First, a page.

Empowering Physicians with Health Information Technology: An Empirical Investigation in Chinese Hospitals

Chen, Y., Aljafari, R., Xiao, B., and Venkatesh, V. “Empowering Physicians with Health Information Technology: An Empirical Investigation in Chinese Hospitals,” Journal of the American Medical Informatics Association, (28:5), 2021, 915-922.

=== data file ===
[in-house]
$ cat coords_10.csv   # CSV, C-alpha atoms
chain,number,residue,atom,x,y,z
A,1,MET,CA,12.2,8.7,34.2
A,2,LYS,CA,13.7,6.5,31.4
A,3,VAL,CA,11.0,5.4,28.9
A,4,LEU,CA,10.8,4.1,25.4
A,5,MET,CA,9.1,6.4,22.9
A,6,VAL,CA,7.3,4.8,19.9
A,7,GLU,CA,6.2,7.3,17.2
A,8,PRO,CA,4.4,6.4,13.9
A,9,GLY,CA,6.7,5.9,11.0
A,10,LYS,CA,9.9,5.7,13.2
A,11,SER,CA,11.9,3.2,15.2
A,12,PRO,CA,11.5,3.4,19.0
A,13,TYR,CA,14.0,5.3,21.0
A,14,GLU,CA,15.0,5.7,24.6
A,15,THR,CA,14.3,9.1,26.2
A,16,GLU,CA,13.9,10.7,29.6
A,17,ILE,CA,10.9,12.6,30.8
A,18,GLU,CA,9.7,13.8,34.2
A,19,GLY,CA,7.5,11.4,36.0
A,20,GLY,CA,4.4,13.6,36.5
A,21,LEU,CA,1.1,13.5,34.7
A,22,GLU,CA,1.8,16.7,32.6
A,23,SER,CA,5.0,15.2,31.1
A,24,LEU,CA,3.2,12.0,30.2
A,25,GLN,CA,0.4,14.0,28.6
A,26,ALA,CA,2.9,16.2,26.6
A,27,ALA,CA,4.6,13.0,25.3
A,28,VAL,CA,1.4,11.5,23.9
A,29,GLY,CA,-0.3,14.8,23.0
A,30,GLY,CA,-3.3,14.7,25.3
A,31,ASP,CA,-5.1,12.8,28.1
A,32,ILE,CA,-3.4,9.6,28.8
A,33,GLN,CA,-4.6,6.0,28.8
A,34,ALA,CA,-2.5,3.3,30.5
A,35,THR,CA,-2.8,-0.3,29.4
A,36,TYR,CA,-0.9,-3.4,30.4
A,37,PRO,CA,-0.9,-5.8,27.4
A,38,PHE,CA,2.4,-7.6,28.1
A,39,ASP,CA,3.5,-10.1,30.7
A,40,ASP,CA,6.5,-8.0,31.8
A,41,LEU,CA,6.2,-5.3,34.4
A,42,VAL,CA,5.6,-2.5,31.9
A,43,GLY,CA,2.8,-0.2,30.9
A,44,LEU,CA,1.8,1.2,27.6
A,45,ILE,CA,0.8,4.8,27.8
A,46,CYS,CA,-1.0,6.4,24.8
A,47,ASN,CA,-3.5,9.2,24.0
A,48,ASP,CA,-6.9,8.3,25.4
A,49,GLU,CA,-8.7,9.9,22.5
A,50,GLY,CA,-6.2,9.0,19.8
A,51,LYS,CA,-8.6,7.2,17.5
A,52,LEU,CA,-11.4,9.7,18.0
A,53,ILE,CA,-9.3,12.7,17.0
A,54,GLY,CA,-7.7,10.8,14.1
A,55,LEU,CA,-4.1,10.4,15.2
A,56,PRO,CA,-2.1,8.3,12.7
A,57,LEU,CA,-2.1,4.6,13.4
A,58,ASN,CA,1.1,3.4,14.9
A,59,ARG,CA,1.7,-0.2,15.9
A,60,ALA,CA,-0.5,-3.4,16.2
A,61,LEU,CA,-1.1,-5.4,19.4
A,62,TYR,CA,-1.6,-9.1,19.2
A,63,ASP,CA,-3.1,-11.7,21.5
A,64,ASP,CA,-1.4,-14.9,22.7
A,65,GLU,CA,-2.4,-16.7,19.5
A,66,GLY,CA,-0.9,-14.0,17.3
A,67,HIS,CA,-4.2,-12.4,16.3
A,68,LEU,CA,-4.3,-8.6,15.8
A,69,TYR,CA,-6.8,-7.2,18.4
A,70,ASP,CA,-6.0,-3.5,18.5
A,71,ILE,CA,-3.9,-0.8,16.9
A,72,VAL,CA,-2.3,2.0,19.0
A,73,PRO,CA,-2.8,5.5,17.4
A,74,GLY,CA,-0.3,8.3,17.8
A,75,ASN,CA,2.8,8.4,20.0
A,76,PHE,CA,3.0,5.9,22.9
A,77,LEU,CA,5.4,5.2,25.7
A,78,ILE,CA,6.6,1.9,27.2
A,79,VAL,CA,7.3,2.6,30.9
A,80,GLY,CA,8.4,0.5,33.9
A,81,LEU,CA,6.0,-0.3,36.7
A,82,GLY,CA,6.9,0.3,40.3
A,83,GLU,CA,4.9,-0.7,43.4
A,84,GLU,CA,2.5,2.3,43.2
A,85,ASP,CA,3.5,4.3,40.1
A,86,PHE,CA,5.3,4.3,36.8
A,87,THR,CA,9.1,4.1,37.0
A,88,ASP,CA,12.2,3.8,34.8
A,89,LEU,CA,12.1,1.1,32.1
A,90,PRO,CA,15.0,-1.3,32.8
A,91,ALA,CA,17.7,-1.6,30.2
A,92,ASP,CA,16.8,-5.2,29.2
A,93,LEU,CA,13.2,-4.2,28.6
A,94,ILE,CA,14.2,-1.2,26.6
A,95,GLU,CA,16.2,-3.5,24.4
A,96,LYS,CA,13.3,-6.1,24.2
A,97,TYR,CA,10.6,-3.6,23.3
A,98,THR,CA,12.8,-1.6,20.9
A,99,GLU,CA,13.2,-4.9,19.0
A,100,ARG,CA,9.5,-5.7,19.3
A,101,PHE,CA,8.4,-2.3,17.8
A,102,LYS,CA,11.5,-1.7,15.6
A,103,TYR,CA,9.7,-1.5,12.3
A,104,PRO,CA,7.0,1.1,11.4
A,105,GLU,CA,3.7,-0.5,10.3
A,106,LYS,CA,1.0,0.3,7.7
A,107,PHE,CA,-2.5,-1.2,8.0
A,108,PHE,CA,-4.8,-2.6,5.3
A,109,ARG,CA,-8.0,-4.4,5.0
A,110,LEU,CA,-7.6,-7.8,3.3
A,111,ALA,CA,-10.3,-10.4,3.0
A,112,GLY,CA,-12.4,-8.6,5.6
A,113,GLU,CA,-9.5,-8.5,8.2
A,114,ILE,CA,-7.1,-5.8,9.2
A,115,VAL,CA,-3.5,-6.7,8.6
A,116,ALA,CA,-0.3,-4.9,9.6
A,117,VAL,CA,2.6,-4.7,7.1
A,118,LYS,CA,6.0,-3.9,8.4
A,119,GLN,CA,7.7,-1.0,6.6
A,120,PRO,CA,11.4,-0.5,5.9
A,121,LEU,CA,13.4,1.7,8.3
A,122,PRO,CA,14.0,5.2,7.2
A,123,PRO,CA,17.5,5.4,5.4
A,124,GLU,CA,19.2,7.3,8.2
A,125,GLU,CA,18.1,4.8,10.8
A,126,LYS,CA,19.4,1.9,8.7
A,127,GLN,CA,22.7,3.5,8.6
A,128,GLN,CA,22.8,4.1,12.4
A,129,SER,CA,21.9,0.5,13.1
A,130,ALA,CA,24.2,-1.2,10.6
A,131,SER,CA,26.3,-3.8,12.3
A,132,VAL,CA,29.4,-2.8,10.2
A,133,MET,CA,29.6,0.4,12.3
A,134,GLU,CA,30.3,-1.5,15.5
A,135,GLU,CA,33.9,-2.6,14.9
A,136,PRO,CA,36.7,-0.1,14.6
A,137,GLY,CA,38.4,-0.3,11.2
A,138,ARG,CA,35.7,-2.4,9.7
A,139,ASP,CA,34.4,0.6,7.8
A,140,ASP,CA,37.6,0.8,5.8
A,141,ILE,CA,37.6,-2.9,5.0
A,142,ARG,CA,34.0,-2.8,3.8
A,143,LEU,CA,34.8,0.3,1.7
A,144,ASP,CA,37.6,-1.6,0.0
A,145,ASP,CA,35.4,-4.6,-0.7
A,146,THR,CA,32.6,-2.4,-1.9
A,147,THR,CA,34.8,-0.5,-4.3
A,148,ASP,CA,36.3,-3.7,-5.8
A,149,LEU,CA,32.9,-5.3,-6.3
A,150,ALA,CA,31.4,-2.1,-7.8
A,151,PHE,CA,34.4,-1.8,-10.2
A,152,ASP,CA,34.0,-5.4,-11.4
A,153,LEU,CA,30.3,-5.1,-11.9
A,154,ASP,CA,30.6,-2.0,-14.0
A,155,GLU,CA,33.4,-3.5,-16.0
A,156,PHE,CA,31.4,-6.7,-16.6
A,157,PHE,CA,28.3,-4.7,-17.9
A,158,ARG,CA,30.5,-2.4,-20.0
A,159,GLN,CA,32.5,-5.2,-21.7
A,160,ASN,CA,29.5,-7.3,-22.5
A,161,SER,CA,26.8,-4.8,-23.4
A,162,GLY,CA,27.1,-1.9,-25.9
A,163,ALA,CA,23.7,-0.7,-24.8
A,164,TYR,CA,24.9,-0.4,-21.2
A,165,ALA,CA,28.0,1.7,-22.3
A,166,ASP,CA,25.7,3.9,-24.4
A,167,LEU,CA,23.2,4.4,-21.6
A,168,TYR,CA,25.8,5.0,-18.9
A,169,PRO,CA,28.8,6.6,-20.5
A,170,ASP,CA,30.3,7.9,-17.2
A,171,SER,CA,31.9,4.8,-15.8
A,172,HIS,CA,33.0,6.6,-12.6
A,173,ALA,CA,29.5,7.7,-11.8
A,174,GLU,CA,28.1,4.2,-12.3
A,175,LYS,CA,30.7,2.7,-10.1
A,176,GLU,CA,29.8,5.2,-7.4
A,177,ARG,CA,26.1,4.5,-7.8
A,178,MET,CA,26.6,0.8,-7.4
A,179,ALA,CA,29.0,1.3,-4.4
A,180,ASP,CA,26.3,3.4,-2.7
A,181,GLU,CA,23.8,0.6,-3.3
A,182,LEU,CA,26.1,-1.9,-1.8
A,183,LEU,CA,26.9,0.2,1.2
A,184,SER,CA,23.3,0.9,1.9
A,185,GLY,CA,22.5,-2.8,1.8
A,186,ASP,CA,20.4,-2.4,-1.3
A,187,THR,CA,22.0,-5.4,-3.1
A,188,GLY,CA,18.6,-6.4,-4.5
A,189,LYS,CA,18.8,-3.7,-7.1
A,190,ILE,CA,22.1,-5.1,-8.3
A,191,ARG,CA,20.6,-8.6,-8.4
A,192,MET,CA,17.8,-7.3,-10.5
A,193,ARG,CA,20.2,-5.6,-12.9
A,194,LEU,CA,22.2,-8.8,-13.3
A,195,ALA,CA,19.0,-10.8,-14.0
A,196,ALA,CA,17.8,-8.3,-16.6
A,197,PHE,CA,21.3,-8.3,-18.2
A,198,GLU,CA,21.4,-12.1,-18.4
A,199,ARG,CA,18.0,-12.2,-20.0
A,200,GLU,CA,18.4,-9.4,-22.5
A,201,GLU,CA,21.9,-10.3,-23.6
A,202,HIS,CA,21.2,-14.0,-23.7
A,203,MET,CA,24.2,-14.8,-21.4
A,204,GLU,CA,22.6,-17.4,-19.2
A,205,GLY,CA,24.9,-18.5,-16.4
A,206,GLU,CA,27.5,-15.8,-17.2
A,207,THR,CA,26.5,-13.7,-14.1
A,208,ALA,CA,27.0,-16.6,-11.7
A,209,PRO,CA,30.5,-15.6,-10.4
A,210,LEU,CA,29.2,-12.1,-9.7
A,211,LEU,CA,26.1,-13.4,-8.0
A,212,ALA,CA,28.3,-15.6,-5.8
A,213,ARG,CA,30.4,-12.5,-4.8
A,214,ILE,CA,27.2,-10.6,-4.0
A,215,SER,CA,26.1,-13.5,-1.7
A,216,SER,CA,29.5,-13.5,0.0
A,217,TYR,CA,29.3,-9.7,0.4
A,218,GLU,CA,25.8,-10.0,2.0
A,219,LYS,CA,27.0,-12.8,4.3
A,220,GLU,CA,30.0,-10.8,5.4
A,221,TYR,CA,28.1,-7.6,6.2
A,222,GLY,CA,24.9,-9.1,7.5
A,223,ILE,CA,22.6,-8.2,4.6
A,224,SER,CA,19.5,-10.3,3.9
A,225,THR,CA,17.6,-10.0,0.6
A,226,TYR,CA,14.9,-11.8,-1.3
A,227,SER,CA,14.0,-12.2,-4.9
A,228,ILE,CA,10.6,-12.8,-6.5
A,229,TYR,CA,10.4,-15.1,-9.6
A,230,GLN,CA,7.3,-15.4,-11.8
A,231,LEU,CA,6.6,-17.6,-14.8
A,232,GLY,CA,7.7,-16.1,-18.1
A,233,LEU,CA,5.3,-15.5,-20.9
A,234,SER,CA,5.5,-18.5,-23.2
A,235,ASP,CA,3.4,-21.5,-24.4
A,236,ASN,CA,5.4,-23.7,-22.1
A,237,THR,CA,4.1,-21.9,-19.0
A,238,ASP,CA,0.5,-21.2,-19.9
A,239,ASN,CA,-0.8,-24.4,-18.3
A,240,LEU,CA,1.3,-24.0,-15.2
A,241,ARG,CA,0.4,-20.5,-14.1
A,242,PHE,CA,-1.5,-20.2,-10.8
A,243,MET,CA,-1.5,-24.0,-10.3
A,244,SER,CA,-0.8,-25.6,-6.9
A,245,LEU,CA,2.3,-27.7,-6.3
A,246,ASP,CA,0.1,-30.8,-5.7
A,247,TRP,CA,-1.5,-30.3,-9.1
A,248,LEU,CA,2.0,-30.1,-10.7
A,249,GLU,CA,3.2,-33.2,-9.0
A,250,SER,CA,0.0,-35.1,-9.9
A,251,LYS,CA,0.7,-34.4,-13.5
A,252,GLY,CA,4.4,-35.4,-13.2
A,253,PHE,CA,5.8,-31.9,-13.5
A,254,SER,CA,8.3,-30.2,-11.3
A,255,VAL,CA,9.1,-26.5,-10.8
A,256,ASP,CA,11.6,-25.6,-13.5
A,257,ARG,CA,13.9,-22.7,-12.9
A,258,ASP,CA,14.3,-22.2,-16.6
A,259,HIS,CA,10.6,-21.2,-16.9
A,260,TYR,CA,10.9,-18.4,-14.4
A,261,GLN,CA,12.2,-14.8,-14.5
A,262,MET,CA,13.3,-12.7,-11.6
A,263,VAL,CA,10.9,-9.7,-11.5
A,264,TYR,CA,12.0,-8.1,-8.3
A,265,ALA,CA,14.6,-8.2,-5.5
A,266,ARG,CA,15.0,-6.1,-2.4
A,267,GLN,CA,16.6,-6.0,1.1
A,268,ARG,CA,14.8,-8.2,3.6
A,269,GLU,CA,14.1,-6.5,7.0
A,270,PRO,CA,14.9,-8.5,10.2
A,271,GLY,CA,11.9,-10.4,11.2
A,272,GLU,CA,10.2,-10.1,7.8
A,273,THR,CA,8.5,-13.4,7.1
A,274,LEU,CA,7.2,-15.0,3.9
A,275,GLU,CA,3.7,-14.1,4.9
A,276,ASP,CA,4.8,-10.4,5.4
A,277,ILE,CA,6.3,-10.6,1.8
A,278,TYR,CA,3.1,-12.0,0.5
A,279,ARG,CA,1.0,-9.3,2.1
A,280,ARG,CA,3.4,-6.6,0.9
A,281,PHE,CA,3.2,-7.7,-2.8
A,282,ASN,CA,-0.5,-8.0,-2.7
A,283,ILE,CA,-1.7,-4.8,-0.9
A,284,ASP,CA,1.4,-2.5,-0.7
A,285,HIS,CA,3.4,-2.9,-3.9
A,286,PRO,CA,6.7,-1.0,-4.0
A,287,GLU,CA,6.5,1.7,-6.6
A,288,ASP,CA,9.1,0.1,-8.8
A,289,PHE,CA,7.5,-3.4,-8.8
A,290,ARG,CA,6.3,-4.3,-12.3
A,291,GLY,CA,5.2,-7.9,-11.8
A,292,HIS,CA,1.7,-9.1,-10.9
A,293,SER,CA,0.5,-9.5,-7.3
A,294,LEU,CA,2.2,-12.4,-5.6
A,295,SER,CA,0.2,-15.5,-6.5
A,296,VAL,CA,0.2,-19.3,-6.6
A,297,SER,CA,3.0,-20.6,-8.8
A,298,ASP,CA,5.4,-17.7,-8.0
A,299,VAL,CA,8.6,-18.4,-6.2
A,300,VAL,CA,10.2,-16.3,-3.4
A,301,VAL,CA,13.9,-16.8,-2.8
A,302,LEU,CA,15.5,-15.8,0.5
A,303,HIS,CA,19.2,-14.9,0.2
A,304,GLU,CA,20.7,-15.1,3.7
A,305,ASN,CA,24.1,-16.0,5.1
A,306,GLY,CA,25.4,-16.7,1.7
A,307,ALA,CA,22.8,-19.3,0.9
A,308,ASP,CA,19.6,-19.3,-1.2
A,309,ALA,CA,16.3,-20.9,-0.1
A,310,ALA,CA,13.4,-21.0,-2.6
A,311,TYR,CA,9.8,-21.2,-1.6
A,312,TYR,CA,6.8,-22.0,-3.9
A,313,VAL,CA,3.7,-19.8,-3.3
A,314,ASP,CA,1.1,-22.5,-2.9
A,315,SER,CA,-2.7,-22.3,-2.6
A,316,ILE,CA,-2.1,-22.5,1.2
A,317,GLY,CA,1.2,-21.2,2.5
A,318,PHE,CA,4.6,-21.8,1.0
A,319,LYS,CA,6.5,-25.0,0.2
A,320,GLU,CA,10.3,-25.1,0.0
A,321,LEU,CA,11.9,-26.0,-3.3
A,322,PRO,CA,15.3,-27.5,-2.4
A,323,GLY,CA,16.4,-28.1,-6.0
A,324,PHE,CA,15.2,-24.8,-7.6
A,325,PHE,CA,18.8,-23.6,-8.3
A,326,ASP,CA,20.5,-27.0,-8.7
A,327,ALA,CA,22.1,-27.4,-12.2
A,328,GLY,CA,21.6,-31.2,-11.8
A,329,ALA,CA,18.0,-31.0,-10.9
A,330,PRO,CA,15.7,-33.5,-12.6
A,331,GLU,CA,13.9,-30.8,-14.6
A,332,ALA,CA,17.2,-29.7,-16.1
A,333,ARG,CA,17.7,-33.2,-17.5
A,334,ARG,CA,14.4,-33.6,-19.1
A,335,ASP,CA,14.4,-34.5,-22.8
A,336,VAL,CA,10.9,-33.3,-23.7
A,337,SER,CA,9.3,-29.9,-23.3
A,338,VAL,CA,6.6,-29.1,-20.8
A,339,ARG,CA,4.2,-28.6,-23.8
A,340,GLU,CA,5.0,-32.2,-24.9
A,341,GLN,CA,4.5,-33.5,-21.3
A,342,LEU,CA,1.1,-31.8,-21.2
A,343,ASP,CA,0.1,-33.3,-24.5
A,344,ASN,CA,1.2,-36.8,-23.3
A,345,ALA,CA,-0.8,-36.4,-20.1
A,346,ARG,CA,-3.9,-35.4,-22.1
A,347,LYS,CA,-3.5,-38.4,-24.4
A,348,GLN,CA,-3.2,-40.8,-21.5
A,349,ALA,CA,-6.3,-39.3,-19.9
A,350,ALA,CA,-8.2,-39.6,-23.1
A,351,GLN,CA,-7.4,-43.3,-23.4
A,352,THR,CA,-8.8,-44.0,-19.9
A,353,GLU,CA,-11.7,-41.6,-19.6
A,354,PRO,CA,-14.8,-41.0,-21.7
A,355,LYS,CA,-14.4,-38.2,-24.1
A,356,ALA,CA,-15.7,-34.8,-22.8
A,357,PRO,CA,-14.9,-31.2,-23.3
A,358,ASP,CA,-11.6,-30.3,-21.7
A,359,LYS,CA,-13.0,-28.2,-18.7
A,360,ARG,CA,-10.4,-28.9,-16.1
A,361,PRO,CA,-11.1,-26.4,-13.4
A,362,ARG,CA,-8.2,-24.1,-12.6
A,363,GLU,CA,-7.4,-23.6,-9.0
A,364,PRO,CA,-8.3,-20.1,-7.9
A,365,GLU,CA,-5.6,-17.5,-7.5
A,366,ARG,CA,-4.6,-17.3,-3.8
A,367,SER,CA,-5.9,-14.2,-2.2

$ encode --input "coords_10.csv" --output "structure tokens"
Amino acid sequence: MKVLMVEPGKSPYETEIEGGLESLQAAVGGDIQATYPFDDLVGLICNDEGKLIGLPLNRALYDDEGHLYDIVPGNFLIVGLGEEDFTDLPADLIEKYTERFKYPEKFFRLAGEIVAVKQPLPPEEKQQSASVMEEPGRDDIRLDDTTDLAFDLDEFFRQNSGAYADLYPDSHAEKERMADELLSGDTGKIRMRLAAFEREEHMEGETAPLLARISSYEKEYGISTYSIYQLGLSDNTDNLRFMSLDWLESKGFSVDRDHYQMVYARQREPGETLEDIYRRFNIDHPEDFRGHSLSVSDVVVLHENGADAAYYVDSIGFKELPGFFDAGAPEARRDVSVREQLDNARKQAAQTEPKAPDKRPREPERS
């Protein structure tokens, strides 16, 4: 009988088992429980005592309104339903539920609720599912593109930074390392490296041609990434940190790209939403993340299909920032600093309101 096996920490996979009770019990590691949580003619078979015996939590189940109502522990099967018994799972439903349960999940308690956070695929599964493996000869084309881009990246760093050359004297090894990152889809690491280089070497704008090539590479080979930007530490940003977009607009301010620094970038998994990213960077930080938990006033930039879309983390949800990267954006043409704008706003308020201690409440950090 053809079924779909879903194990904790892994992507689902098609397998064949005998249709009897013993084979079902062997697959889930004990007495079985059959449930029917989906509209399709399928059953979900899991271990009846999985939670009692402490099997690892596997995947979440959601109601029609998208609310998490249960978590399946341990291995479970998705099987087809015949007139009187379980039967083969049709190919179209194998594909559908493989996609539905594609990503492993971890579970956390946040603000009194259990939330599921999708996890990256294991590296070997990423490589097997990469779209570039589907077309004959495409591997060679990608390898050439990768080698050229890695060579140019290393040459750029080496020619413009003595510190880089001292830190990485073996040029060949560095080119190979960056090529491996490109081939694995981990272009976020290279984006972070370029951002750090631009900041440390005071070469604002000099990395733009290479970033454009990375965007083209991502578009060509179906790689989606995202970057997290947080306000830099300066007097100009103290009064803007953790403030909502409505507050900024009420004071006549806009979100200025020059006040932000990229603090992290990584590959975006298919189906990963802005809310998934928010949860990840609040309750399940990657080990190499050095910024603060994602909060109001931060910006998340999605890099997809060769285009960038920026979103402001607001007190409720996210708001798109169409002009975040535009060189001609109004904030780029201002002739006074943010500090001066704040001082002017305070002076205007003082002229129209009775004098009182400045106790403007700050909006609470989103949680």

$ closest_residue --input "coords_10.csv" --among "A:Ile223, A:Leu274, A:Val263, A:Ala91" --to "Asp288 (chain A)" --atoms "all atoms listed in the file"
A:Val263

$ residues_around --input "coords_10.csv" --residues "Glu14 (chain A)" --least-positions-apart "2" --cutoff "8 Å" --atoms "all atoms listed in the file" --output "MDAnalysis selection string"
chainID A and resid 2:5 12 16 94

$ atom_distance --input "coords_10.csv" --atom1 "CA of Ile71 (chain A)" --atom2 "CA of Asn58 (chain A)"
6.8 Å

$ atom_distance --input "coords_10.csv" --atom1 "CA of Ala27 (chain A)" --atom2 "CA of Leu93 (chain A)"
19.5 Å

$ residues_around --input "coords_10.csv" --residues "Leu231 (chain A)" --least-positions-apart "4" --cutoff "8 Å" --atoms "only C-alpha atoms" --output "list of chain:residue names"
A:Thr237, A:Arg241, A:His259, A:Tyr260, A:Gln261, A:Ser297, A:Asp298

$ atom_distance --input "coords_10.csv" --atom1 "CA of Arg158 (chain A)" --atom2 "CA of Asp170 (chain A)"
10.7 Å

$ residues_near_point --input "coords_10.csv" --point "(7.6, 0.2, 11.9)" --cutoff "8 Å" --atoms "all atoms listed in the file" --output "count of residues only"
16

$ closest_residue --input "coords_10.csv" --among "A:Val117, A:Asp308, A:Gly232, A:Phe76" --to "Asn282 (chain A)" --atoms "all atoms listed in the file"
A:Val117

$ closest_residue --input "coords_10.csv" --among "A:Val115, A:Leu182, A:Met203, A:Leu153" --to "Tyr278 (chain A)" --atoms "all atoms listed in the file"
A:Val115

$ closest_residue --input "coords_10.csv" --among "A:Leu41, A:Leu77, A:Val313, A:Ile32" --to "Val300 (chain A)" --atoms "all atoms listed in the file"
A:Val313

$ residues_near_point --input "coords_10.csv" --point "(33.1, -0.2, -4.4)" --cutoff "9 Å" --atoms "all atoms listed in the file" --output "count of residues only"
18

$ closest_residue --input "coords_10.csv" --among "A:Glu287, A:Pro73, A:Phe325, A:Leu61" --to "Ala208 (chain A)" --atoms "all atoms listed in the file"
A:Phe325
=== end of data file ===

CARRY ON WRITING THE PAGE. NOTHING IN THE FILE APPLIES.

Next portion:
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Objective: Few studies examine physicians’ use of different features of health information technology (HIT) in relation to their psychological empowerment and stress, especially in China, where many hospitals are being pushed to share digitized medical information. Further, there are mixed findings about the impact of HIT on stress, with some studies suggesting that HIT increases stress and others suggesting no effect. Hence, there is a need for a nuanced view of HITs to incorporate different features, regions, and outcomes. This work seeks to extend the existing body of knowledge on HIT by assessing the effects of basic (data-related) and advanced (clinical) HIT features on physician empowerment, stress, and ultimately, job satisfaction in Chinese hospitals. Materials and Methods: We surveyed 367 physicians at 5 class 3 hospitals (ie, regional hospitals that provide specialist medical and healthcare services and carry out high levels of teaching and scientific research tasks) in 5 provinces in China. We specified and estimated a structural equation model using partial least squares. Results: Physicians who used advanced features experienced improvement in all dimensions of physician empowerment and significant reduction in stress. Physicians who used basic technology, however, experienced improvement in fewer dimensions of physician empowerment and no significant change in stress. Except for efficacy, all dimensions of physician empowerment and stress predicted job satisfaction. Conclusions: Healthcare professionals should assess the purpose of HIT features and expect different effects on intermediate and ultimate outcomes. The nuanced view of HIT features and processes leading to outcomes sheds light on their differential effects and resolves inconsistencies in prior findings on HIT effects.
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